Great to hear from a luthier that "work within the wood"; often I have to keep reminding myself that not every luthier pre-ordains the end result using templates and precision working where it is truly not always needed. The wood has a lot to say, and sometimes it needs to be listened to. :peace

Post a build or two over on the forums!

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I'd always thought jigsaws were more likely to cause chipping and tear out - your cut looks rough but no big pieces are missing. Think that's a concern? 

It would be interesting to see how cheap bandsaws stack up. Is a ~$200 band saw workable or junk?

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Jigsaws do have that problem, and there was a bit of splintering and chipout here. Nothing massively destructive, but pendulum motion does help allay the issue somewhat by moving the blade out of the face of the cut on the downstroke. That would otherwise "push" wood out of the underside of the workpiece. The top is a different matter. Some jigsaws have zero-clearance inserts which help prevent blowout on the top (I think the Festool has that) but generally it's not too bad unless you really hack at the workpiece. Once you know the "fractious personality" of whichever tool you're using you can compensate for excessive splintering by making more allowances at the margins. This is another one of those balances between coarse stock removal with a jigsaw in advance of finishing cuts with a router. You either risk the jigsaw chowdering your workpiece or you risk offering too much material for the router to safely remove.

Good question about cheap bandsaws. I think once we have enough money coming in the Patreon hat each month, we can look at buying a crap bandsaw in simply for illustrating why they are problematic. Around the couple of hundred mark (where the crossover between expensive jigsaw and cheap bandsaw exists) things get a bit more complicated. Small benchtop bandsaws have pathetic throat capacity where you might struggle to evacuate material from cutaways, and have excessive blade wandering  at body blank thicknesses. This is entirely where the pros of a good jigsaw overlap with the cons of a bad bandsaw.

Overall I prefer the "workpiece over the tool bed" approach of a bandsaw over the "tool on the workpiece" both for large cutting and routing operations. There's a much larger bearing surface, and you can easily chicken out of an operation if things look like they're getting out of hand. You can't always do that with a bucking jigsaw or a runaway hand router!

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16 hours ago, Prostheta said:

Good question about cheap bandsaws. I think once we have enough money coming in the Patreon hat each month, we can look at buying a crap bandsaw in simply for illustrating why they are problematic.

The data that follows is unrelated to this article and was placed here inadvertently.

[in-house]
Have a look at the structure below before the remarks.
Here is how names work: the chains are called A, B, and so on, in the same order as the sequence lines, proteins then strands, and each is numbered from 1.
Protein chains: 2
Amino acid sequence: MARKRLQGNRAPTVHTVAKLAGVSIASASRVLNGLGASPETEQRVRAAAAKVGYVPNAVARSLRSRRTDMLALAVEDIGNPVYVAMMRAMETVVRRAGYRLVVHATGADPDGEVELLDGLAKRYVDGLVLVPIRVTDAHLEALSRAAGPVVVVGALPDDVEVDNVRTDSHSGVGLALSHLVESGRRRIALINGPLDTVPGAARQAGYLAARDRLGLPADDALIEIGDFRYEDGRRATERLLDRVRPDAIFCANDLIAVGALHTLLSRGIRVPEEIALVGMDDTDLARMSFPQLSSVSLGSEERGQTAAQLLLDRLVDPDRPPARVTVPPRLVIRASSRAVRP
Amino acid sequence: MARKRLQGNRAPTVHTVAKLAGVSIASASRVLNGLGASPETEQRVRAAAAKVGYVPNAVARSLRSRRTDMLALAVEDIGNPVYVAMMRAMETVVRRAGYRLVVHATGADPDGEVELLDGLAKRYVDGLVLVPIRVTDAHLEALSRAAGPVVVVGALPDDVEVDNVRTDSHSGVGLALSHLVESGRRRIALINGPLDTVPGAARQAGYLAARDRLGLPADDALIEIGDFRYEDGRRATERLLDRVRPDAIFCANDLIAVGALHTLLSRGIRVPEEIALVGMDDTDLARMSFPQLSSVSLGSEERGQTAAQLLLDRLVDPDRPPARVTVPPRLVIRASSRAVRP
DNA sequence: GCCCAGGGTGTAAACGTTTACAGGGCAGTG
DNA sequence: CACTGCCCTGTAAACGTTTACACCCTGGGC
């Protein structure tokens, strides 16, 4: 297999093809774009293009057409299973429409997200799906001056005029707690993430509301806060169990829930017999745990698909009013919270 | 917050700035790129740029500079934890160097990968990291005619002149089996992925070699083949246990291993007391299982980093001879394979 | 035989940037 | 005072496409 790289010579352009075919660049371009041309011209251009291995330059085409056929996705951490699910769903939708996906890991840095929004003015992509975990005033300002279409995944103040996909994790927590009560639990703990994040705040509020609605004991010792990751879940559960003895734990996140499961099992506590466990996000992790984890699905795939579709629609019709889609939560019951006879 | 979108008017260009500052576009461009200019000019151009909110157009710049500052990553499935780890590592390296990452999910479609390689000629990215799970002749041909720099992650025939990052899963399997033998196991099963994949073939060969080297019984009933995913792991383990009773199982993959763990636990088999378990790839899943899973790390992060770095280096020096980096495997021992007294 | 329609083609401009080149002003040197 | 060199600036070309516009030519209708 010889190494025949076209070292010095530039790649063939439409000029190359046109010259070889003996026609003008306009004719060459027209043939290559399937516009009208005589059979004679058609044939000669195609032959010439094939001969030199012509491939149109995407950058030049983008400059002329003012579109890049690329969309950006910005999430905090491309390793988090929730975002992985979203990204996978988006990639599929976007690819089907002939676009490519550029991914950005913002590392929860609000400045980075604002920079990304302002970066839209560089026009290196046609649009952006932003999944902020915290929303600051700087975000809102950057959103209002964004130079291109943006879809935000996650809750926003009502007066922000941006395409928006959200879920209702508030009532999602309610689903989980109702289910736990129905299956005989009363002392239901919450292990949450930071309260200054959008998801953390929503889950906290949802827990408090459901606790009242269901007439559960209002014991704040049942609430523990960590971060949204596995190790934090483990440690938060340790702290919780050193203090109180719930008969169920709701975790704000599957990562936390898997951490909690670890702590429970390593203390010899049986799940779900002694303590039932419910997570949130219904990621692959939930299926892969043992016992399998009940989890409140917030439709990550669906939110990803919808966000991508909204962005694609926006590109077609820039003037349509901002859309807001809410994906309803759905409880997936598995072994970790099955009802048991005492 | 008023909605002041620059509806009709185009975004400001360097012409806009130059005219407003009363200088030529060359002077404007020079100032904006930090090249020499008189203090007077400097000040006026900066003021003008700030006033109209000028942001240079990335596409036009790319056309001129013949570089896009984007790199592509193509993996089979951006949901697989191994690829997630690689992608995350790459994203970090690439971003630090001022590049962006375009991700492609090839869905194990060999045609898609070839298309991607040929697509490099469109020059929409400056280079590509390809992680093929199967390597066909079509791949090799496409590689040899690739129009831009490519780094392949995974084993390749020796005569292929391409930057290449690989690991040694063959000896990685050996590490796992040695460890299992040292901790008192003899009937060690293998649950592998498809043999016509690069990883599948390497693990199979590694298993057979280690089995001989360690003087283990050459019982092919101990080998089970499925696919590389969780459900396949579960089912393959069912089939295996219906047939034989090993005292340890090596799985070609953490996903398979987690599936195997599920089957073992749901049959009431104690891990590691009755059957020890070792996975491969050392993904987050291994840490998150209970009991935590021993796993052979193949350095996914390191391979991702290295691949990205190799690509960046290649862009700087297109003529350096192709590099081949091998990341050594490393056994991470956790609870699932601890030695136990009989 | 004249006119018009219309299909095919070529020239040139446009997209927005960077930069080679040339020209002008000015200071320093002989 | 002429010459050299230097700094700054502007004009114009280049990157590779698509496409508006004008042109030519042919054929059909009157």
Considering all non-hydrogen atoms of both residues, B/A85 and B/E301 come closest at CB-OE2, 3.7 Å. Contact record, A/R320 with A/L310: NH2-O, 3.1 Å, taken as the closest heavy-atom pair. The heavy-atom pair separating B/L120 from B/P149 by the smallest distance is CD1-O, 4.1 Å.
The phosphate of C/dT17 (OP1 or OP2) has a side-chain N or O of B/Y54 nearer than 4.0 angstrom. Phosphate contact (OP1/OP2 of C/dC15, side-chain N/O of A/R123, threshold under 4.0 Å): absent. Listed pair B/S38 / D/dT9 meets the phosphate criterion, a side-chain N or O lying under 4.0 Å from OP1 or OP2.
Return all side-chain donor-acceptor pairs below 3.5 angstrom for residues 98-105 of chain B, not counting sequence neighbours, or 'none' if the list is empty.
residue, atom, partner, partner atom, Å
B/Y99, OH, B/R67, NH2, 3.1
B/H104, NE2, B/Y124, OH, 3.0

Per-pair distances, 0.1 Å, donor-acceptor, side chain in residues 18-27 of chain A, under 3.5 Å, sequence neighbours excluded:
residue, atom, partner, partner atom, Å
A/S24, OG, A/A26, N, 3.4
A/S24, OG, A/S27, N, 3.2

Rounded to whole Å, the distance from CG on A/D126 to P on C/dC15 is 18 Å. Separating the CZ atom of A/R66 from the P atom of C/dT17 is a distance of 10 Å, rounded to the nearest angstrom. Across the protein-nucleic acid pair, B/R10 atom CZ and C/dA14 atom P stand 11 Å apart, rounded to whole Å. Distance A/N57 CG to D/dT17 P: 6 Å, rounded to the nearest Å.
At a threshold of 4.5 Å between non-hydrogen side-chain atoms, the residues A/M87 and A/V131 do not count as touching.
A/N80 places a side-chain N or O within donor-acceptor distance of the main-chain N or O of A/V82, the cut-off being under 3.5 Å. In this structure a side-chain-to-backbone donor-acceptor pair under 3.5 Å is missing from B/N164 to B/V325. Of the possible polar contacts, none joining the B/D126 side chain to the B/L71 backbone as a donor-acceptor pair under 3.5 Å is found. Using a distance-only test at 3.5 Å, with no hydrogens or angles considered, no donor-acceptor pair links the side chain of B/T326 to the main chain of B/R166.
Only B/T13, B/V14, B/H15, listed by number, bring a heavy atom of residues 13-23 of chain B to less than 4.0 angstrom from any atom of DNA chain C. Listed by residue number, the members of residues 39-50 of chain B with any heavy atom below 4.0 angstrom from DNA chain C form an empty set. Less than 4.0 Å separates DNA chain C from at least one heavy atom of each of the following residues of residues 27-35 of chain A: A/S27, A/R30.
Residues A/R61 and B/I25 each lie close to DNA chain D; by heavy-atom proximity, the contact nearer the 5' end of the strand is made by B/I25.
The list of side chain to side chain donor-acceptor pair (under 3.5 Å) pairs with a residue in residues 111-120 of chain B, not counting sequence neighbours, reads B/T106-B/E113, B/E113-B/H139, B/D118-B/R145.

I was really hoping you'd say something along the lines "Cheap bandsaws are amazing - there's no point in dropping big bucks on a high-end band saw!"... 

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That would be a perfect world, wouldn't it? There's a lot more you can do with any bandsaw than a jigsaw of course. However, at the cheapy low-end they present their own problems, so it's not entirely a graceful transition from one to the next. They'll do the job given a lot of patience, false starts and fiddling around. I'll do a jigsaw vs. cheap bandsaw video at some point in the future. Excellent topic!

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I have a jigsaw that I use only to crosscut long boards, since I have yet to build a proper table saw crosscut sled (which is a bit challenging on a jobsite saw). I just clamp a straight edge perpendicular to the board as a guide for the jigsaw sole. It isn't entirely accurate, but it does fine for making a safe cut in a pinch. Using high-quality blades is a must, as with most tools. Stock blades are garbage in most cases (I use a Ryobi).

Then, there are also those who have relied on jigsaws so are able to compensate for the tool's foibles with skill and superior handling. My brother is a wizard with one! Me, not so much.

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That's the thing, Rich. Once you start considering buying a decent jigsaw, you start approaching the territory occupied by small bandsaws. There's still a great deal of consideration to be done with jigsaws as to whether they're appropriate to a task on thicker materials. Fundamentally, the way they work undermines how useful they can be. The risk is always there.

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On clamped down boards and riding a straight edge guide, I am OK with them. They can get squirrely quick though! I liken it to a jumpy upside down scroll saw with only one stable point that can do a bit more flesh damage.

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Pretty much! In the context of guitar maker use, they are the cheapy alternative to a bandsaw and beyond that, the result goes to the router. If a jigsaw can't produce a rough product that can safely be take to the router, it is not an appropriate tool. Even scroll saws and their lack of power cut straighter than a jigsaw since the blade is supported at both ends.

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Exactly. A decent scroll saw certainly is not as inexpensive as a jig saw, but I'd much rather go that route. Then again, it is asking quite a bit to task either saw with cutting through ~1.5-1.78" of 1500+ Janka Scale hardwood!